By Tiffany Hsu
3:10 PM PST, November 12, 2012
This post has been corrected. See below for details.
The U.S. will become the world’s top producer of oil within five years, a net exporter of the fuel around 2030 and nearly self-sufficient in energy by 2035, according to a new report from the International Energy Agency.
It’s a bold set of predictions for a nation that currently imports some 20% of its energy needs.
Recently, however, an “energy renaissance” in the U.S. has caused a boost in oil, shale gas and bio-energy production due to new technologies such as hydraulic fracturing, or fracking. Fuel efficiency has improved in the transportation sector. The clean energy industry has seen an influx of solar and wind efforts.
By 2015, U.S. oil production is expected to rise to 10 million barrels per day before increasing to 11.1 million bpd by 2020, overtaking second-place Russia and front-runner Saudi Arabia. The U.S. will export more oil than it brings into the country in 2030.
Around the same time, however, Saudi Arabia will be producing some 11.4 million bpd of oil, outpacing the 10.2 million from the U.S. In 2035, U.S. production will slip to 9.2 million bpd, far behind the Middle Eastern nation’s 12.3 million bpd. Iraq will exceed Russia to become the world’s second largest oil exporter.
At that point, real oil prices will reach $125 a barrel. By then, however, the U.S. won’t be relying much on foreign energy, according to the IEA’s World Energy Outlook.
Globally, the energy economy will undergo a “sea change,” according to the report, with nearly 90% of Middle Eastern oil exports redirecting toward Asia.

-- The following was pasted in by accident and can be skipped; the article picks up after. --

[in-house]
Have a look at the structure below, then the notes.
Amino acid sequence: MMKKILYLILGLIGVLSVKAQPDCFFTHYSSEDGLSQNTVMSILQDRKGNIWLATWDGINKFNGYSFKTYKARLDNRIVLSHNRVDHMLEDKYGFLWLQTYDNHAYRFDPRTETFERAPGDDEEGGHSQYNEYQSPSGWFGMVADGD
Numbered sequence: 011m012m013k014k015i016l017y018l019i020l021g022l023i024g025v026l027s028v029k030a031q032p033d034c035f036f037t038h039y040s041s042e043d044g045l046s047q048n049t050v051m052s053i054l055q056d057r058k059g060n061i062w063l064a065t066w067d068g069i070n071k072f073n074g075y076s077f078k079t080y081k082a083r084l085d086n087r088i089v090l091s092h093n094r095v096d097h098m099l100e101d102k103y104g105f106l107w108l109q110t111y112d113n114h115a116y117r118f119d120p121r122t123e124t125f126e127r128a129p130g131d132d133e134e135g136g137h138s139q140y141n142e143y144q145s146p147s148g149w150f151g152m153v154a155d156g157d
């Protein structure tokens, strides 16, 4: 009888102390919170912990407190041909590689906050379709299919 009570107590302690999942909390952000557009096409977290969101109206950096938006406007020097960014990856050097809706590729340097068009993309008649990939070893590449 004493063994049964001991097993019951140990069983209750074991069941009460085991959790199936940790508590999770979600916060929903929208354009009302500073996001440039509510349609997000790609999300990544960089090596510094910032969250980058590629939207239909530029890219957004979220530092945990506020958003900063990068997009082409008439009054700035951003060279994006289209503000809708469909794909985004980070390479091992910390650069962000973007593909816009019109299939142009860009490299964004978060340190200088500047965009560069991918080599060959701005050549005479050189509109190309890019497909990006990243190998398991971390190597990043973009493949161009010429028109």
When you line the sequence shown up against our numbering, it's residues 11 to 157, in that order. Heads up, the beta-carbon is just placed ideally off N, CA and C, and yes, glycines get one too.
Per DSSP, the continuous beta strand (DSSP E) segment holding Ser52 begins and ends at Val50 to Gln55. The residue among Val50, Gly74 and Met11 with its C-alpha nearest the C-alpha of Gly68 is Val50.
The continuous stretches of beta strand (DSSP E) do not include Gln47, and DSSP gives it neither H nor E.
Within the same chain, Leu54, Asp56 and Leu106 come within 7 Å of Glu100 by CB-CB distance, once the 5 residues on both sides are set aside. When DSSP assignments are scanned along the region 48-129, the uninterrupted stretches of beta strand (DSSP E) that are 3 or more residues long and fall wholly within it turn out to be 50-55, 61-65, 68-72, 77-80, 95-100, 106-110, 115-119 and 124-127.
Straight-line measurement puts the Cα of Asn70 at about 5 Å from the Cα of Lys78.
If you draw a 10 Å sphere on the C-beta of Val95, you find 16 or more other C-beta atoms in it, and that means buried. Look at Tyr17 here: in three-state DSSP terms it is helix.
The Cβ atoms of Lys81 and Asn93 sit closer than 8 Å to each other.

“No country is an energy ‘island,’ and the interactions between different fuels, markets and prices are intensifying,” according to the report.
And what of energy efficiency efforts?
Fossil fuels, which enjoyed a 30% jump in subsidies last year to $523 billion worldwide, will still surpass renewable energy sources, according to IEA. But so-called green power will become the world’s second-largest form of generation within three years and will threaten coal’s supremacy by 2035.
That progression, however, “hinges critically on continued subsidies” for wind, solar and bio-fuel technologies, which last year amounted to some $88 billion and needs to reach $4.8 trillion through 2035, according to IEA.
Even then, however, “the world is still failing to put the global energy system onto a more sustainable path,” according to the report.
Global energy demand will boom by more than a third by 2035, rising to 99.7 million barrels a day from 87.4 million last year. China’s demand will rise 60% over the period; India’s will more than double. Demand in developed countries will increase just 3%, with the desire for oil and coal losing share in the overall energy mix.
Energy-related carbon dioxide emissions will creep up, causing a long-term average temperature increase of 3.6 degrees Celsius. Energy production will continue to suck at the world’s water resources – it already accounts for 15% of total water use.
[10:15 a.m.: A previous version of this post gave an incorrect conversion of the temperature increase in Fahrenheit. The correct Fahrenheit increase is 6.5 degrees.]
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